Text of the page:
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“ [234] harvest, getting out wheat and hauling it to the river to raise State Bank paper enough to pay my tax this year and a little school debt I owe; and now, just as I've got it, here I open this infernal Extra Register, expecting to find it full of “Glorious Democratic Victories” and “High Comb'd Cocks,” when, lo and behold! I find a set of fellows, calling themselves officers of the State, have forbidden the tax collectors and school commissioners to receive State paper at all; and so here it is dead on my hands. I don't now believe all the plunder I've got will fetch ready cash enough to pay my taxes and that school debt.”

I was a good deal thunderstruck myself; for that was the first I had heard of the proclamation, and my old man was pretty much in the same fix with Jeff. We both stood a moment staring at one another without knowing what to say. At last says I, “Mr. S-, let me look at that paper.” He handed it to me, when I read the proclamation over.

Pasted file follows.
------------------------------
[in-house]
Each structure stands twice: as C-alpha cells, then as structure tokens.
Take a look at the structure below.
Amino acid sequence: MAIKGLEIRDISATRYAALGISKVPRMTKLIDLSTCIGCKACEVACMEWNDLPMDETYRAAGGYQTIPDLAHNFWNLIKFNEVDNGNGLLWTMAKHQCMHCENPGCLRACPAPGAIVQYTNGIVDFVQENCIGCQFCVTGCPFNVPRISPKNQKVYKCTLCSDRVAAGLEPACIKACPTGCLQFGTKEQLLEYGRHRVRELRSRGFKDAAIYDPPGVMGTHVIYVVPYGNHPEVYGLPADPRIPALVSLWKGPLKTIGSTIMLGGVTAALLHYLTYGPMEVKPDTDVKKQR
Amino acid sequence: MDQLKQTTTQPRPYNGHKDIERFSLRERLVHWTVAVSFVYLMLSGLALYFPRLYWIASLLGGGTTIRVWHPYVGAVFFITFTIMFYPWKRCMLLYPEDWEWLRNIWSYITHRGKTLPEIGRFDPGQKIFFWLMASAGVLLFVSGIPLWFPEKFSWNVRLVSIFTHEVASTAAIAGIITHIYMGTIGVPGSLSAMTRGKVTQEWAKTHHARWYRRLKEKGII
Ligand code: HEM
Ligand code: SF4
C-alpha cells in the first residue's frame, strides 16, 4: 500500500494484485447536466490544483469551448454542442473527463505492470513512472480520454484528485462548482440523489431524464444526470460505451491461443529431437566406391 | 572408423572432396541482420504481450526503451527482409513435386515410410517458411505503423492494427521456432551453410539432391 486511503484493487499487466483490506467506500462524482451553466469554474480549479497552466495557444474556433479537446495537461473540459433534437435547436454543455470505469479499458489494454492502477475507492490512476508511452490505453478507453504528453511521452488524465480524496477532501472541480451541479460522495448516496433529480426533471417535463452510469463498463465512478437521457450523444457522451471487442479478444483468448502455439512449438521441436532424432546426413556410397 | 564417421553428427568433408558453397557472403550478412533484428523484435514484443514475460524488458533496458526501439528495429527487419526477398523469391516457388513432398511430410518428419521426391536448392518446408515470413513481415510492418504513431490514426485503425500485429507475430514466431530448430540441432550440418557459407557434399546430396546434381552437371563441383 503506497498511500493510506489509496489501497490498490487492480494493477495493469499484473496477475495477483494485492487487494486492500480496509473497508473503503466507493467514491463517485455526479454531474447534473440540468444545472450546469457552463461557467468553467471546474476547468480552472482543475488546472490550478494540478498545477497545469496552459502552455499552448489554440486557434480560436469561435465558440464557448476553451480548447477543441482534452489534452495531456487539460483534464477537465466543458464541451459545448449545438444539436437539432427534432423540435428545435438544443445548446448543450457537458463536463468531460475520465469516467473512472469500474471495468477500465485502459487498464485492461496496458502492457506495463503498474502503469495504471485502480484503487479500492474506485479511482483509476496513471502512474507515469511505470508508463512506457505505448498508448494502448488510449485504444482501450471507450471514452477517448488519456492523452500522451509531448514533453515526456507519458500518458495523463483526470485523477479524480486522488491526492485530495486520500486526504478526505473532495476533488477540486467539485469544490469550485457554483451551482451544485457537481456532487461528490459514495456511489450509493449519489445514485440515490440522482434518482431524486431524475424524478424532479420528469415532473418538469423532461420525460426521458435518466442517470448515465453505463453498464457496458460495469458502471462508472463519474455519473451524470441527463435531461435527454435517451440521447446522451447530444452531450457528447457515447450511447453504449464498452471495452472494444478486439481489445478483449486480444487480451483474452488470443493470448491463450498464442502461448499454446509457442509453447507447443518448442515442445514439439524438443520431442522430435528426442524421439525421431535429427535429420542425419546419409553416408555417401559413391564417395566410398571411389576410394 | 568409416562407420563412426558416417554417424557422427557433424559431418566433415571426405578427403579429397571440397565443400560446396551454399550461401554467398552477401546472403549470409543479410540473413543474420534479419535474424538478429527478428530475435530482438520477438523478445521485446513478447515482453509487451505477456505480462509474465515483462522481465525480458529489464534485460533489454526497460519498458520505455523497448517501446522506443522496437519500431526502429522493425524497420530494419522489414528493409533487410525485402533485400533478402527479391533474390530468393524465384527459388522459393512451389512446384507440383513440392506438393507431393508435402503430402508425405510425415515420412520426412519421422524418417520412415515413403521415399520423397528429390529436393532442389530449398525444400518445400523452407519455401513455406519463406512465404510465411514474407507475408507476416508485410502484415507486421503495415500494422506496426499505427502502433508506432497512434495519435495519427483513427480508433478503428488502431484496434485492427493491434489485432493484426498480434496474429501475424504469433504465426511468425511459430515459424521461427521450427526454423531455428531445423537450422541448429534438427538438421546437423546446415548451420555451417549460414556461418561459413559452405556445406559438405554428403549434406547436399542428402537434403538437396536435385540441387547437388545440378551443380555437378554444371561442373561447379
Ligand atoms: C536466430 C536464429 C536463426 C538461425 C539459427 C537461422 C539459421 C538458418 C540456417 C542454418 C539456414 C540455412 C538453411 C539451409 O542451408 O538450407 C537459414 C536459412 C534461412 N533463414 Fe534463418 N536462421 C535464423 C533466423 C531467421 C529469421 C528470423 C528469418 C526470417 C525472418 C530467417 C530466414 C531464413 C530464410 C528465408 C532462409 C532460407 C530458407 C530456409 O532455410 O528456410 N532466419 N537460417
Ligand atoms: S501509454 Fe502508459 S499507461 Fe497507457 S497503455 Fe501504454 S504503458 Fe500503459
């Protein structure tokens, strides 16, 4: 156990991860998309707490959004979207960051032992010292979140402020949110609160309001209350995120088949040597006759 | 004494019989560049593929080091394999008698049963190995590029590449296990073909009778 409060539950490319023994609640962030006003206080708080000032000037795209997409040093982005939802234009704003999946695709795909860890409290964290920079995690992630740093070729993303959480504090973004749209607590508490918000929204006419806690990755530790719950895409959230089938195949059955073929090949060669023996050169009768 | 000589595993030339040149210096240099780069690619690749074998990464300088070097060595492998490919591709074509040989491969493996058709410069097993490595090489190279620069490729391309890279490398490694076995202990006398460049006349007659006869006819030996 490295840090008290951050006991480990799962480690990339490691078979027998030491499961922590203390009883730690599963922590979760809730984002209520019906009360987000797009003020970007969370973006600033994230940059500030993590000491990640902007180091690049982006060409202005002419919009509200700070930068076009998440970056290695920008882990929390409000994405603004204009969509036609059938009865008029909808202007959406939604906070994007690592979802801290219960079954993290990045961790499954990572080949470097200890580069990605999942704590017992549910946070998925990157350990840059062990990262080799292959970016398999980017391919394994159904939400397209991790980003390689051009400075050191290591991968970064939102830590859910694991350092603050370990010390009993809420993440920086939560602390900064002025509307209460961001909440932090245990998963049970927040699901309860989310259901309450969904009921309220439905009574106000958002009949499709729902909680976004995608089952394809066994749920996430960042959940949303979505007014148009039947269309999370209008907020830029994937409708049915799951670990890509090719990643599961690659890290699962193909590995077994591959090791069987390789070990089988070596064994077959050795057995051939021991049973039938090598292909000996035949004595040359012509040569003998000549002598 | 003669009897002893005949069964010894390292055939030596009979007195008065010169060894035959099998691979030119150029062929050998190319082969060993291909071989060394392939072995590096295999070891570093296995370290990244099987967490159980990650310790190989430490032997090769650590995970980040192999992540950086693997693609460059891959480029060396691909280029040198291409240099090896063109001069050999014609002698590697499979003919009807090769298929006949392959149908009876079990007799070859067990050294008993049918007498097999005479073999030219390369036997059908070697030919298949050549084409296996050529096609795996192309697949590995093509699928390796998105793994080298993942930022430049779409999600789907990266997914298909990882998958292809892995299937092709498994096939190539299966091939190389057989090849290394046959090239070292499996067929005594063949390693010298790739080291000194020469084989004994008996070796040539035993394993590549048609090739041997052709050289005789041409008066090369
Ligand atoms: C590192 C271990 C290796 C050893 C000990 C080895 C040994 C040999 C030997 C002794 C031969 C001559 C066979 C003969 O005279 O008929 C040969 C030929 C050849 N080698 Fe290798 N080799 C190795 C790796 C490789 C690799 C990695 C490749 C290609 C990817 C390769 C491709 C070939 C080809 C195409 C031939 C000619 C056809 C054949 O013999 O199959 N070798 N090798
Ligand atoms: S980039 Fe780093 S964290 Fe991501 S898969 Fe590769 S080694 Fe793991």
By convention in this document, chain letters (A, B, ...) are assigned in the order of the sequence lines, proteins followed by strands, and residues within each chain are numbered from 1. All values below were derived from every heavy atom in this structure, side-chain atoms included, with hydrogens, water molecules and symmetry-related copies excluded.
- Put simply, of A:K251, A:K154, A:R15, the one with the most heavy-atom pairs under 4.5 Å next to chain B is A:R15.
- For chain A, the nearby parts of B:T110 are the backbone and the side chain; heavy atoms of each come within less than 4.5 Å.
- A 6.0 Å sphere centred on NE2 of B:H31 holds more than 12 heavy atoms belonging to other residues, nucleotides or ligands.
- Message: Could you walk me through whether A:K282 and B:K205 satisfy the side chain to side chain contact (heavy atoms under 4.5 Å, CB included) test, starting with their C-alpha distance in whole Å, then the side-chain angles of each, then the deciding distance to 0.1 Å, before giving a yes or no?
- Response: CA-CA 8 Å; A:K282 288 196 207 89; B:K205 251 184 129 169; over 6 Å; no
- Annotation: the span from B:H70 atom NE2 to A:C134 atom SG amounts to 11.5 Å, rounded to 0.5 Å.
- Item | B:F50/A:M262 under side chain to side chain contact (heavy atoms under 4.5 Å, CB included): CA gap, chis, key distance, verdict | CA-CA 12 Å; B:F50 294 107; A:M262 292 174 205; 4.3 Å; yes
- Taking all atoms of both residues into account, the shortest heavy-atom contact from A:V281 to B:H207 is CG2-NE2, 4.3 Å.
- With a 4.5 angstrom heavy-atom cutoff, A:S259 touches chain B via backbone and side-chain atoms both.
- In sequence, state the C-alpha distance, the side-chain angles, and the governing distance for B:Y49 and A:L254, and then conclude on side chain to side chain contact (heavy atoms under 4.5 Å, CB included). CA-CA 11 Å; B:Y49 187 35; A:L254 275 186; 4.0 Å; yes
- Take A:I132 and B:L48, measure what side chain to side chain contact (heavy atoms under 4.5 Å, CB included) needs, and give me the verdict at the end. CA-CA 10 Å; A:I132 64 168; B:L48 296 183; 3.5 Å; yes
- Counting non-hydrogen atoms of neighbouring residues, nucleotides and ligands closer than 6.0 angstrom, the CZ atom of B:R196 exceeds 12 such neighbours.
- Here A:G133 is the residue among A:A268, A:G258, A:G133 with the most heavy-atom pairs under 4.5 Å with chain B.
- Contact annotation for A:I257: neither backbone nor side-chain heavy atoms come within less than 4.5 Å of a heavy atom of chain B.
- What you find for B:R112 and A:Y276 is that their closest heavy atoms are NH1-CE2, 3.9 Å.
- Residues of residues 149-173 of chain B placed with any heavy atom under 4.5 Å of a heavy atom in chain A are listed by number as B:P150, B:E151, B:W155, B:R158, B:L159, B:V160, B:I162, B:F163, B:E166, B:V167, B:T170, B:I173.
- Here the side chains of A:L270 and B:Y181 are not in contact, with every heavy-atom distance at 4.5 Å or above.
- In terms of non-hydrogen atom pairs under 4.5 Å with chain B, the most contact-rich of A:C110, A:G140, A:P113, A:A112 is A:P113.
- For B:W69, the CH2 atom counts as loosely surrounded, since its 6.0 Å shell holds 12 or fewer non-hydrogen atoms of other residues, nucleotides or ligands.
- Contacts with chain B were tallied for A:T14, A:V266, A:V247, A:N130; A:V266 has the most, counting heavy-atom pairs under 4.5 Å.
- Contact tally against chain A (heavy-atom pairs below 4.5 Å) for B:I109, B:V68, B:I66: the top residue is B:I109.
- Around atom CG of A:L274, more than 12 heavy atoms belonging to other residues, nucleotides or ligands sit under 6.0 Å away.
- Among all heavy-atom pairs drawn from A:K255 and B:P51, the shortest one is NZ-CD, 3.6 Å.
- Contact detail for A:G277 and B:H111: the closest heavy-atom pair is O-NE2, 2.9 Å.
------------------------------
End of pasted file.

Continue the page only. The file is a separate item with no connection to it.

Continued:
“There now,” says he, “did you ever see such a piece of impudence and imposition as that?” I saw Jeff was in a good tune for saying some ill-natured things, and so I tho't I would just argue a little on the contrary side, and make him rant a spell if I could. “Why,” says I, looking as dignified and thoughtful as I could, “it seems pretty tough, to be sure, to have to raise silver where there's none to be raised; but then you see, ‘there will be danger of loss’ if it ain't done.”

“Loss! Damnation!” says he. “I defy Daniel Webster, I defy King Solomon, I defy the world — I defy — I defy — yes, I defy even you, Aunt ‘Becca, to show how the people can lose anything by paying their taxes in State paper.”

“Well,” says I, “you see what the officers of State say about it, and they are a desarnin‘ set of men.”


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